WATCH: Bruce Springsteen invites 88-year-old woman on stage during Toronto concert
Rock icon Bruce Springsteen brought the house down during his show in Toronto Tuesday night, inviting an 88-year-old woman to dance with him onstage.
Clad in Springsteen-appropriate leather jacket and leggings and sitting in the front row, the woman’s family held a sign asking “The Boss” to help celebrate her impending 89th birthday – with a dance.
Toronto resident Evelyn Raftery, in the front row with her five children, says this wasn’t the first time she has seen Springsteen live.
“I like his singing,” Reftery told Global News. “And he’s so pleasant. So easy going. Easy to watch, and lovely to listen to.”
At the end of his marathon set at the Air Canada Centre, Springsteen launched into his hit song Dancing in the Dark from the seminal 1984 album Born in the USA when he spotted Evelyn, her family, and their sign.
“I didn’t know my family had this sign behind my back, saying that I was coming to be 89 and asking [him] to dance with me, with an arrow pointing to my head” Raftery said.
And after mugging for photos holding the sign, Springsteen invited her onstage to dance with him during the song’s musical outro.
“It was a shock, a terrible shock,” Raftery said. “So my daughter helped me up [on stage] and somebody else, then Bruce pulled me the rest of the way.”
To the cheers of the sold-out ACC and the sounds of the E Street Band, Springsteen and Raftery slow danced to the closing bars of Dancing in the Dark.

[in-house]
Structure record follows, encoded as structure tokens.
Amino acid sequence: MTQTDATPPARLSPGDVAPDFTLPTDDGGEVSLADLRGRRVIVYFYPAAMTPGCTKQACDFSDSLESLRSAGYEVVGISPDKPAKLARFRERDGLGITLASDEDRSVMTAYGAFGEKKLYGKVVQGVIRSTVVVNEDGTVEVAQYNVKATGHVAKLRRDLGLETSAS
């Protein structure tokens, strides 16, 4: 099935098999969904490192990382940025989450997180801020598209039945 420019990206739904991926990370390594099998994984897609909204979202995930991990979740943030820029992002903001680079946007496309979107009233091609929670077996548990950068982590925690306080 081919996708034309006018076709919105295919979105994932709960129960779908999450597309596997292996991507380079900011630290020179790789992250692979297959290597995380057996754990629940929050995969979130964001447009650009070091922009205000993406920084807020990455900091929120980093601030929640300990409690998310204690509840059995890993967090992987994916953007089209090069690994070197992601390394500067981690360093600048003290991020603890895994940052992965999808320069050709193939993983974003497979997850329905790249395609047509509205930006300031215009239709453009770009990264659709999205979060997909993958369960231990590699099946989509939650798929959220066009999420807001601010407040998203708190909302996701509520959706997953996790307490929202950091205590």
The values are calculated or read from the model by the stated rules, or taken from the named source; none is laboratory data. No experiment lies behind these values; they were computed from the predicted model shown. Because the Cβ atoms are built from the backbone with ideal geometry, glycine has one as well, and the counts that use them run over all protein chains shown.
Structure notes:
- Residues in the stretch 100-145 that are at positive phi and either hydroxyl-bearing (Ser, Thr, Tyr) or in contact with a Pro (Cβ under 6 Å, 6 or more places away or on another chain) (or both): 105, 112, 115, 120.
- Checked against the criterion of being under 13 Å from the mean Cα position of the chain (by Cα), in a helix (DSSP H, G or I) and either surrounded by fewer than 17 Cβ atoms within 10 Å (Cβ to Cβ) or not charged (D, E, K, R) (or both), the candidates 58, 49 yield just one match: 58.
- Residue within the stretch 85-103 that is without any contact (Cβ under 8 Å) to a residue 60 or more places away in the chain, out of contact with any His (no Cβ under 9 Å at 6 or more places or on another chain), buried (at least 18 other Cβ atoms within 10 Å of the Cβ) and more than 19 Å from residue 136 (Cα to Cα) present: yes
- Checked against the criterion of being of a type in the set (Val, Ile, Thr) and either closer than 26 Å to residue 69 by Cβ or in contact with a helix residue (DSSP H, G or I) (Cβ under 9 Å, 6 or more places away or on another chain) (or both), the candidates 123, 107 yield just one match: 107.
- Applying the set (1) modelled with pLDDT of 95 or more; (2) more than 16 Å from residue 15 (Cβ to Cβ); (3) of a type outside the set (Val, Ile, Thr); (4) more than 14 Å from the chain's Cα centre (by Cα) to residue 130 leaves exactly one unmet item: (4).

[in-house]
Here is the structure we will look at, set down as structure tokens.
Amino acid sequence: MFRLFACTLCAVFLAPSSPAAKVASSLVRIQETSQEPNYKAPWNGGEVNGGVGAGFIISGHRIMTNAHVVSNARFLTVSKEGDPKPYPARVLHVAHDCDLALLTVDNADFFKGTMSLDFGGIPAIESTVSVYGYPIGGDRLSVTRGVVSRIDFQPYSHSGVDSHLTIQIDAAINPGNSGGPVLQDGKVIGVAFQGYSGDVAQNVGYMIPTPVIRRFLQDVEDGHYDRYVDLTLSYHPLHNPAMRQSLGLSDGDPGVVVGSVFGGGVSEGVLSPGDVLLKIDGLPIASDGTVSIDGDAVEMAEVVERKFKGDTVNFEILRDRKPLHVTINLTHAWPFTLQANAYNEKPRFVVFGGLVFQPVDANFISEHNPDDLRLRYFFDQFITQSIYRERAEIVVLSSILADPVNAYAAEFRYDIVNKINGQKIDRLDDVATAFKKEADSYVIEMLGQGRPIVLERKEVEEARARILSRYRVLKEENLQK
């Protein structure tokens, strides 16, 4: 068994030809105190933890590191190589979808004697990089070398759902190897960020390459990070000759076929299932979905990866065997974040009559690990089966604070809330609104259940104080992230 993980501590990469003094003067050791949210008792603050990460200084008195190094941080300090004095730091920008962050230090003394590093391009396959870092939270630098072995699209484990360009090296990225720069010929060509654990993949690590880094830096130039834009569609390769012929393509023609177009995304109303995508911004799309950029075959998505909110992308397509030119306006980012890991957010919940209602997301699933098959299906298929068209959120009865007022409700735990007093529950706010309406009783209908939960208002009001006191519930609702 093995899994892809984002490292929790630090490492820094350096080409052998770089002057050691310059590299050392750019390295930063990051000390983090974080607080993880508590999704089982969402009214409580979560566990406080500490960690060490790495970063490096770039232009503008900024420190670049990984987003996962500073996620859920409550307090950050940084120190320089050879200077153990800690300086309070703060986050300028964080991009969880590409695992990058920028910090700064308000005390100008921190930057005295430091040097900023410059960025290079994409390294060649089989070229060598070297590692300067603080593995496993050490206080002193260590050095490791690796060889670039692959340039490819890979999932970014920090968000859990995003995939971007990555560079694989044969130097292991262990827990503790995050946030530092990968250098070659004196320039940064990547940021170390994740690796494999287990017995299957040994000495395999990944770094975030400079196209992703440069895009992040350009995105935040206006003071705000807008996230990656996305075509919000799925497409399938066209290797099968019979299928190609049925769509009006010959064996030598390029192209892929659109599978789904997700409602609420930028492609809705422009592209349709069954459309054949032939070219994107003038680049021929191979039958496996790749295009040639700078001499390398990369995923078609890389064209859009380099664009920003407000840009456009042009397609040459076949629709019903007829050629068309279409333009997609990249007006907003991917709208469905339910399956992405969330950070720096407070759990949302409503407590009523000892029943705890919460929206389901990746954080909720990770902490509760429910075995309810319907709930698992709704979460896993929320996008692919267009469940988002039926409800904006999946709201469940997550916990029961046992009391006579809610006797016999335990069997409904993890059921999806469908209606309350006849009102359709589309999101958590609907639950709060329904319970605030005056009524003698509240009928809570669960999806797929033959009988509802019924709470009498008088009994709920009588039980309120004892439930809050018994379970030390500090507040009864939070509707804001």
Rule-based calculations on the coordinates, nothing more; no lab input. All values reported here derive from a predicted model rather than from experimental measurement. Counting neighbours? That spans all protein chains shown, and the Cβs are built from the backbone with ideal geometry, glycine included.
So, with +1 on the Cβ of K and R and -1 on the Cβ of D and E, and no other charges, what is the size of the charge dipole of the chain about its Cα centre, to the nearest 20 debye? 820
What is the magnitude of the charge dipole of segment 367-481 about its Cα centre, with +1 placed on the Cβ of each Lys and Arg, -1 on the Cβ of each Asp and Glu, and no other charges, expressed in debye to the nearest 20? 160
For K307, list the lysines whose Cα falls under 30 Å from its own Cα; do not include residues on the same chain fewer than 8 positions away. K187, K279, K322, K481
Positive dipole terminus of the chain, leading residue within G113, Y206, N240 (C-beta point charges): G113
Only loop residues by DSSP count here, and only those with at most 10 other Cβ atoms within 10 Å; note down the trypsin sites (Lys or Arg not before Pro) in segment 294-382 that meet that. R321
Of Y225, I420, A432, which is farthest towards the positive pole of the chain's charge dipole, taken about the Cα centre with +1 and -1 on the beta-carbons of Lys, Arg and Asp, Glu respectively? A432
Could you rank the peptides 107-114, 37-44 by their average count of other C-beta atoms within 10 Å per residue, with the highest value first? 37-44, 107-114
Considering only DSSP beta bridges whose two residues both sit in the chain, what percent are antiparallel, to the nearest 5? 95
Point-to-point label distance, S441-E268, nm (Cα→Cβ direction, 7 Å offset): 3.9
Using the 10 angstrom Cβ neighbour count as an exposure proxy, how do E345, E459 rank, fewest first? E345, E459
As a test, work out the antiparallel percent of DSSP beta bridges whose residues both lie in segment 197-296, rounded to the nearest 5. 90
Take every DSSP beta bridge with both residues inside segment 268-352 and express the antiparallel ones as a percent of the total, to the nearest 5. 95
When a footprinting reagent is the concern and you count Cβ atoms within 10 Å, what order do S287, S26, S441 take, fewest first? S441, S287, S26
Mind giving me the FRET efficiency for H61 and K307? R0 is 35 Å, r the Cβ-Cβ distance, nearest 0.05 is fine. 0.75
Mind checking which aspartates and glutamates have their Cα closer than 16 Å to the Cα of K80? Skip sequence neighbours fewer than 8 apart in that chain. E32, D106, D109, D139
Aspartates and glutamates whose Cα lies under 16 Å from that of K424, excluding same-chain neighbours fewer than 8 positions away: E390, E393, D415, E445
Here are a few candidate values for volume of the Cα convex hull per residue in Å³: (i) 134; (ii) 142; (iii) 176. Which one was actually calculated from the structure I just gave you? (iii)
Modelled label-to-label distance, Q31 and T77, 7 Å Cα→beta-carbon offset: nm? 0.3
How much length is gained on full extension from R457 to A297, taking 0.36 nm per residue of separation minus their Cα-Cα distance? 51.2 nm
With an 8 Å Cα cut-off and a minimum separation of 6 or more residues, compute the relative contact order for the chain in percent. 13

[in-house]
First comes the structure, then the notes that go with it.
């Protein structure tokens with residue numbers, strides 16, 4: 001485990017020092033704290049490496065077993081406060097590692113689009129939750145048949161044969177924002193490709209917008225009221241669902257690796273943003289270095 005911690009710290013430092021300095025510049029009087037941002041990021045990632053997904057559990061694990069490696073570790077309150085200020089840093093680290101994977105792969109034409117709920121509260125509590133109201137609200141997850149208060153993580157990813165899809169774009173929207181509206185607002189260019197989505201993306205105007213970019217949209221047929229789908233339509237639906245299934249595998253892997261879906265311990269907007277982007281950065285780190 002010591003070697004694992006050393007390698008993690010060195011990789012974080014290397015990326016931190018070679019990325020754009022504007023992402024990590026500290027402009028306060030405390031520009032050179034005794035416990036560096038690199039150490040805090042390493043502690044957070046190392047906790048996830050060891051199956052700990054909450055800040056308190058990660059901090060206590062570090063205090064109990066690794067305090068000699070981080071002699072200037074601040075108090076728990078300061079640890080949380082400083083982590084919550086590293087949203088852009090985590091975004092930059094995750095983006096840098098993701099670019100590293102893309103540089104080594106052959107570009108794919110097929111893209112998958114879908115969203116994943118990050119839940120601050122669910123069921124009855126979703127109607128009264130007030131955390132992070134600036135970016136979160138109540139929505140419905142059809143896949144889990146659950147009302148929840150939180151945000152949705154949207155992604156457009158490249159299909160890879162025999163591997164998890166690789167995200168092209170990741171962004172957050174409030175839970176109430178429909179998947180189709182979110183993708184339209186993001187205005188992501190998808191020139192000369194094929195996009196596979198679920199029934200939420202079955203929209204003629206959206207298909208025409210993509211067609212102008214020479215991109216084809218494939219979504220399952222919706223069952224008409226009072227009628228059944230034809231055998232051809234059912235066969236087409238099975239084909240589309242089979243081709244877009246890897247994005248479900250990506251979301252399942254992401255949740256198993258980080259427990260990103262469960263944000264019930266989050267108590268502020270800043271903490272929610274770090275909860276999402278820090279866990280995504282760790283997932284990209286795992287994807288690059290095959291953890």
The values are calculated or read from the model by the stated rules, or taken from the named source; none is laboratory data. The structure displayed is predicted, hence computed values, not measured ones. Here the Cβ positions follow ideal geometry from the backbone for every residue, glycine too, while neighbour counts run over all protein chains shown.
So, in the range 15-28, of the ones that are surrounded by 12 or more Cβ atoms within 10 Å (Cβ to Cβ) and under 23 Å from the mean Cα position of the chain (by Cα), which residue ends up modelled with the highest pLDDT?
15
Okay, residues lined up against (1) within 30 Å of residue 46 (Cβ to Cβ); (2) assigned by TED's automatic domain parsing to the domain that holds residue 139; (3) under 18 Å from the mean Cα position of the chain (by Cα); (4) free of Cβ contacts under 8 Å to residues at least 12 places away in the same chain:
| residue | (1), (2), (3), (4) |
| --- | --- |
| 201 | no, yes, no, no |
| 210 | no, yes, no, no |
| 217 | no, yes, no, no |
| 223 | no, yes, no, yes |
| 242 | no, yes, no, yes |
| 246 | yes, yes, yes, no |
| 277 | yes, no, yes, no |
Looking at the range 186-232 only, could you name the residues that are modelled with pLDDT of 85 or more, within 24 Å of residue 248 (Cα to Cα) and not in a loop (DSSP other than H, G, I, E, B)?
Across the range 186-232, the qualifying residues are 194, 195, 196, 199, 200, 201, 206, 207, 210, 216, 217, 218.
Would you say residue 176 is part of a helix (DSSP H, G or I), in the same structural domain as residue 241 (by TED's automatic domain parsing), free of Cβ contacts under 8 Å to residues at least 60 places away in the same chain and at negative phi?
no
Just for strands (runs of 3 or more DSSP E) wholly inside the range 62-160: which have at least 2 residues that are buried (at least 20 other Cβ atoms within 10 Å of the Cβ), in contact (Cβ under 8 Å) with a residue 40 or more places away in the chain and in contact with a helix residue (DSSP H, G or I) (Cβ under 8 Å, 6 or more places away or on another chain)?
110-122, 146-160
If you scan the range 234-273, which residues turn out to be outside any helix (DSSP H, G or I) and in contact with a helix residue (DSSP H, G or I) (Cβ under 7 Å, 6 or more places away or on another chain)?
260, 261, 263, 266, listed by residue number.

“It was lovely,” Raftery said. “He was so nice and so gentle, and asked me about being there at my age since that’s not normally done, then congratulated me on it.”
Springsteen inviting a fan onstage during Dancing in the Dark has become something of a trademark for the song. The role of the first “lucky fan” was famously played by a young Courtney Cox in the original 1984 music video.
The dance with the Toronto grandmother wasn’t the only time Springsteen interacted with the raucous Toronto crowd. The 66-year-old rocker took frequent trips into the audience, even being “crowd surfed” across the bowl of the ACC during a performance of Hungry Heart.
The nearly three-and-a-half hour concert was the only Canadian stop on The River Tour, a 39-stop tour commemorating the 35-year-anniversary of Springsteen’s breakthrough album The River.
The set list featured a complete, song-by-song playthrough of the original album as well as several other Springsteen classics.
With files from Christina Stevens
© 2016 Shaw Media